Volunteers help clear pathways for seniors

Therapy assistant Lindsey Pyron helps Larry Harley get around his home.
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The older you get, the more likely you will fall.

Sometimes that means a broken hip, often, it means a trip to the hospital. It's often the trigger to a medical decline. The CDC says for older adults over the age of 65, falls are the leading cause of injury death. They are also the most common cause of non-fatal injuries and hospital admissions for trauma in the United States.

Part of the prevention plan is to make sure patients return home to a home with minimal tripping hazards.

Larry Harley from the west side of Indianapolis, is anxious to get back home. The 88-year-old went to Zionsville Meadows for rehabilitation in August after getting a pacemaker. Now he goes to therapy daily to get stronger and maintain his balance.

"I'm learning to walk again. That is the main thing," Harley said.

The therapy staff says he is very motivated and will soon reach his goal.

"We are really excited to be doing the home evaluation," said Lindsey Pyron, a Certified Occupational Therapy Assistant.

Harley is key to the home safety assessment. Staff from American Senior Communities take him to his house to see how he navigates in his own surroundings.

Brad Abbot is a COTA peer who helps Lindsey supervise Harley's transfers. They watch Harley use a walker to move from his motorized wheelchair to his recliner. They watch him make a transfer from the chair to his bed. They check the hallways to make sure they are wide and free of clutter. They praise Harley for the handles he had installed in his restroom.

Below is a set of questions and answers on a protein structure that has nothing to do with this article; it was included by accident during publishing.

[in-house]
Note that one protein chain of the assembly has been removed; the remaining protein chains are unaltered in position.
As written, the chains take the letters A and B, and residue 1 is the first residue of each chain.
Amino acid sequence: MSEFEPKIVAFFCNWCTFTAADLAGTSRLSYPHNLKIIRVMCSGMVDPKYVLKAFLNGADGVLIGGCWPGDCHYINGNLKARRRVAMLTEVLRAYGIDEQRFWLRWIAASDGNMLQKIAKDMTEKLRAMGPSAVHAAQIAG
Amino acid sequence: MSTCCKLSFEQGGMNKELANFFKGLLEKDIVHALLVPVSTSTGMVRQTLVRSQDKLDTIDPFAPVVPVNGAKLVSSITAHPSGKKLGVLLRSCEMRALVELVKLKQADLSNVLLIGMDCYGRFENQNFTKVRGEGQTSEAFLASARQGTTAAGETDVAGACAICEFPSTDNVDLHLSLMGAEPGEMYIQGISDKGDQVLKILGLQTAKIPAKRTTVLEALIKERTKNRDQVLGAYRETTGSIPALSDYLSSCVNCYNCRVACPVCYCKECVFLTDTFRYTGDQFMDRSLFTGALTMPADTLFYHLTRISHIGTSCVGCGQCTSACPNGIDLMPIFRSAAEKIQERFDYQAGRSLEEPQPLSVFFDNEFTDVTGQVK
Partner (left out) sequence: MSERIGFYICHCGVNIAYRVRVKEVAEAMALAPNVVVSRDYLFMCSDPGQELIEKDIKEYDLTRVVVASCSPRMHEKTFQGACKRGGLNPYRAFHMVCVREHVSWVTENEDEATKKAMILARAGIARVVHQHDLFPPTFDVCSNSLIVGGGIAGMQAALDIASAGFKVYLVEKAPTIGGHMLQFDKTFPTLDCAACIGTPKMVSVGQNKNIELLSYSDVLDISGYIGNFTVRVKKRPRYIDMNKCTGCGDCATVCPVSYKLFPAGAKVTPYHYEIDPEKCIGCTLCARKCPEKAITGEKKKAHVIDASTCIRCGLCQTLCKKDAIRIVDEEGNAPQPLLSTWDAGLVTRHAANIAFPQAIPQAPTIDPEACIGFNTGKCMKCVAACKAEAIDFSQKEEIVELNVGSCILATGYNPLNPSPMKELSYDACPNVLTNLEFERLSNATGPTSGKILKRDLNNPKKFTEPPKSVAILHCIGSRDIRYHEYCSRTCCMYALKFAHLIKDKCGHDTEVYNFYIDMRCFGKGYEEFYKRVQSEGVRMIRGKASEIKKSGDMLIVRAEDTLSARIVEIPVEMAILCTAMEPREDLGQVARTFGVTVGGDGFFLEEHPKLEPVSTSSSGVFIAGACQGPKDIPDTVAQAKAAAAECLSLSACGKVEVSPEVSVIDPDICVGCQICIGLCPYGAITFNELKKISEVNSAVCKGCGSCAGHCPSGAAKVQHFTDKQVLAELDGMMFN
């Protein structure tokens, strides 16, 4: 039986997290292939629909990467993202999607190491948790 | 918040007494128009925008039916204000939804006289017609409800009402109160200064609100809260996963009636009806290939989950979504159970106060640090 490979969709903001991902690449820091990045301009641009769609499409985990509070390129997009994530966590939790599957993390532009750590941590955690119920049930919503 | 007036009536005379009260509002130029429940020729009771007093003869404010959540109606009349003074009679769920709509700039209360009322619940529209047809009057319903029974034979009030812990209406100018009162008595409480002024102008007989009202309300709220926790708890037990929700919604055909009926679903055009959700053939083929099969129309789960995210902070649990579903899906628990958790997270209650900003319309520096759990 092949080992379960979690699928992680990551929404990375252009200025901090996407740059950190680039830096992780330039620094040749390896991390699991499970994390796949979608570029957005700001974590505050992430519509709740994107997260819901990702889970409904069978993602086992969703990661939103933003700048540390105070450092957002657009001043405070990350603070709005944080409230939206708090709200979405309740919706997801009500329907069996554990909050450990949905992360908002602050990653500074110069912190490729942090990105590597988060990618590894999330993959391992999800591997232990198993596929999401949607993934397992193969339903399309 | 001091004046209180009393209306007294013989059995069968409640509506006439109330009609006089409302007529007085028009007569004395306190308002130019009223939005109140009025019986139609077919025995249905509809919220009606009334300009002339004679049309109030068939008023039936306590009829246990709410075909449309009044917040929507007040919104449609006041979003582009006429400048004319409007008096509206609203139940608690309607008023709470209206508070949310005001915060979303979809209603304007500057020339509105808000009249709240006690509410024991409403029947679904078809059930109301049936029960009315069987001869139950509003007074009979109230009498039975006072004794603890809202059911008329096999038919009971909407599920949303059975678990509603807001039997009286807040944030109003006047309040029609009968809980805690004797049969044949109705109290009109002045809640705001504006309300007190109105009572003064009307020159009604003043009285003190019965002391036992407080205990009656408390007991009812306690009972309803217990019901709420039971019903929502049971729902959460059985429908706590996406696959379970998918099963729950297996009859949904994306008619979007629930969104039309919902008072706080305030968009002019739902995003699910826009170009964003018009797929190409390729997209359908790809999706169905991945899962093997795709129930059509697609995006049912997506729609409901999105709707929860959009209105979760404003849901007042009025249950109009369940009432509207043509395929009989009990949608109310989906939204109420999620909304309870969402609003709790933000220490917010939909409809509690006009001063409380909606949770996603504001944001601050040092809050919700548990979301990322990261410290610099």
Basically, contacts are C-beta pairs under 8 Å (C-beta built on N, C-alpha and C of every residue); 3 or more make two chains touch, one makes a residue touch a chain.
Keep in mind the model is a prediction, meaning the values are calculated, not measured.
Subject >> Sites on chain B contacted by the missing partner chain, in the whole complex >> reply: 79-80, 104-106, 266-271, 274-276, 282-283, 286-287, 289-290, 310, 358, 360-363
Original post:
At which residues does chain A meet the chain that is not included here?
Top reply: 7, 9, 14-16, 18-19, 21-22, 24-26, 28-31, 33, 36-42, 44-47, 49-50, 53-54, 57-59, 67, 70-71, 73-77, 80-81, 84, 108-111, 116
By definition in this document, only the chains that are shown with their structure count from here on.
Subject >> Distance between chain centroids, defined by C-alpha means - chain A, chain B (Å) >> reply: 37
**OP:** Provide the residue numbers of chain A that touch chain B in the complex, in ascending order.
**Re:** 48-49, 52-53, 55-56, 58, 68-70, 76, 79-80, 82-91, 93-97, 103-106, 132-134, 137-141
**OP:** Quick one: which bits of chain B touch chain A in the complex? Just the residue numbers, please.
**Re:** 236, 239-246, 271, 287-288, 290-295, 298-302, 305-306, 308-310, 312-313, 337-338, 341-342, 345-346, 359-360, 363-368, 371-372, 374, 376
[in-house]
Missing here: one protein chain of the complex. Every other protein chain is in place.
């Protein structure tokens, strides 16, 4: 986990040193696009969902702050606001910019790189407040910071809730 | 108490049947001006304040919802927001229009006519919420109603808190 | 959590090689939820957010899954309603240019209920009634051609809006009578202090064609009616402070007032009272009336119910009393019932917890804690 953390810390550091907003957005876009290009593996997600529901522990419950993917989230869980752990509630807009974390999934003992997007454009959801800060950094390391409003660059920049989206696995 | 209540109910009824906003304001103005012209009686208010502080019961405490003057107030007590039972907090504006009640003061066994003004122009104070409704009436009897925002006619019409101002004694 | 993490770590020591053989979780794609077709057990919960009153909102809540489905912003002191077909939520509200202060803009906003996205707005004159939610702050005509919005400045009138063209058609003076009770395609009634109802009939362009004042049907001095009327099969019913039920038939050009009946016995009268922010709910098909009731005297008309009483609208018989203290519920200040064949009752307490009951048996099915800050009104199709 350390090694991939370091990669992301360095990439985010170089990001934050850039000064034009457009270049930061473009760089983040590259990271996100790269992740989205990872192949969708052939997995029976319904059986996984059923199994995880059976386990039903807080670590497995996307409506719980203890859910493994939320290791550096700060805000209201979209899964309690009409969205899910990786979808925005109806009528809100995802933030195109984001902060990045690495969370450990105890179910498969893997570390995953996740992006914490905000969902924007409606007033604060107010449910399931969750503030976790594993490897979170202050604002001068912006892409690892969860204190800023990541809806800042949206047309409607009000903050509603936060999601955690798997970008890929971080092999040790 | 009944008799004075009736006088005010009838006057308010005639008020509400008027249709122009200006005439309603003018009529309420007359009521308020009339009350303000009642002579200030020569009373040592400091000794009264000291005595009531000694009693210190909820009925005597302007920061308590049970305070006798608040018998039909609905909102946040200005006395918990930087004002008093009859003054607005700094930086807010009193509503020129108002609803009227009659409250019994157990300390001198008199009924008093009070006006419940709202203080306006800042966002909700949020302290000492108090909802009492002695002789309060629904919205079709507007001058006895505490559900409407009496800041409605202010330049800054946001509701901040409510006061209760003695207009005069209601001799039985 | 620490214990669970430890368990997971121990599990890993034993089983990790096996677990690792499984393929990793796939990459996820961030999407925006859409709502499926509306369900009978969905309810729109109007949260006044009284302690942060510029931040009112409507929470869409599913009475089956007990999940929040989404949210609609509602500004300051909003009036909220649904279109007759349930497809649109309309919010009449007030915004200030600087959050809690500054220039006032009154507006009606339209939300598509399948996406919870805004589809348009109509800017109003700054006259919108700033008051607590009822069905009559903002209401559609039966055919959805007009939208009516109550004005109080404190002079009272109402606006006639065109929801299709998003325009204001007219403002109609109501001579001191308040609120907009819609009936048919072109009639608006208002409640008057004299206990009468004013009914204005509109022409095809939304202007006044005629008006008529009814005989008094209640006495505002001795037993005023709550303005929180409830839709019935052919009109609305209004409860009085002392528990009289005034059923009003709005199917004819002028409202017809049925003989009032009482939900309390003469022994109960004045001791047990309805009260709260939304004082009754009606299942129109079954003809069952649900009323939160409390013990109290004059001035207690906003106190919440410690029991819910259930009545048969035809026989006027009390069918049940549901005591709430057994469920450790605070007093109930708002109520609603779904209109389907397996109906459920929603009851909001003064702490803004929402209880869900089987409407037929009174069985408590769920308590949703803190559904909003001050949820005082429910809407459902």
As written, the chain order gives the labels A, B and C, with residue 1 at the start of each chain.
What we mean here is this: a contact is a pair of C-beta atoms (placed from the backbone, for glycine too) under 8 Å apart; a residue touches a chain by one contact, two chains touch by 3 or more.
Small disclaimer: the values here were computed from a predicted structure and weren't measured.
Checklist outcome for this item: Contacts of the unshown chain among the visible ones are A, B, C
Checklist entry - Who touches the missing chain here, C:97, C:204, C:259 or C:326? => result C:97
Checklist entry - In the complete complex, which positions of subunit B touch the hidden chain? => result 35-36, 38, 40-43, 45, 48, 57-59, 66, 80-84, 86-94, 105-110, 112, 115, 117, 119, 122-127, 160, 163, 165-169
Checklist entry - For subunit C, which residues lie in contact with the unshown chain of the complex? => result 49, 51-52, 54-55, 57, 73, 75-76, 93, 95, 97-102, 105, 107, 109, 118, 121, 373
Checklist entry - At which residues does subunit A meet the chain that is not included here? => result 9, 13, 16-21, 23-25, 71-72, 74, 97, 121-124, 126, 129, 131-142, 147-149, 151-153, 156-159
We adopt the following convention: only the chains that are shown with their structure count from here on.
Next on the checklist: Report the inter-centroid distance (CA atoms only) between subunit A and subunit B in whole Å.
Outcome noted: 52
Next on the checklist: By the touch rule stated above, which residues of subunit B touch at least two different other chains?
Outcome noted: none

The therapists encourage Harley to eliminate a throw rug in the kitchen which does not have a rubber backing to prevent skids. They also make sure his food is accessible and watch him retrieve a bottled water from the top shelf of the refrigerator.

"They taught me how to cook, how to do it safely, you know, which is difficult with oxygen. I use everything electric mainly," Harley said.

Although Harley is mostly in his wheelchair outside, the team also sweeps away dozens of acorns which have fallen on the sidewalk and driveway. They also pick up sticks that litter the walkway.

Harley will head home in a matter of weeks. He says perhaps the most challenging advice to follow is to focus on a mindset that will help minimize falls. First, Harley is encouraged to slow down. He also concedes that his skills and strength have changed.

"Sometimes I get up and I think I can walk and I can't, you know, and that is dangerous. I've fallen two times and I couldn't get up and I had to go to the hospital," Harley said.

It adds to medical costs and often complications.

"A lot of times when they fall, they don't always bounce back to where they were before," said Pyron.

Larry feels lucky and doesn't want to take another tumble.

"First time I fell, I got a big old knot on my head. It's common sense, don't try anything that you know you can't do. That is hard to do some times, I forget that I can't do things and I've got to stop myself and say way hold up you can't do that," Harley said.

CICOA recognizes the need for seniors to be safe at home and is organizing a community event on Saturday, September 21. Volunteers help clear pathways and add modifications like handrails.

You can learn more about the CICOA Safe at Home event by clicking on their website.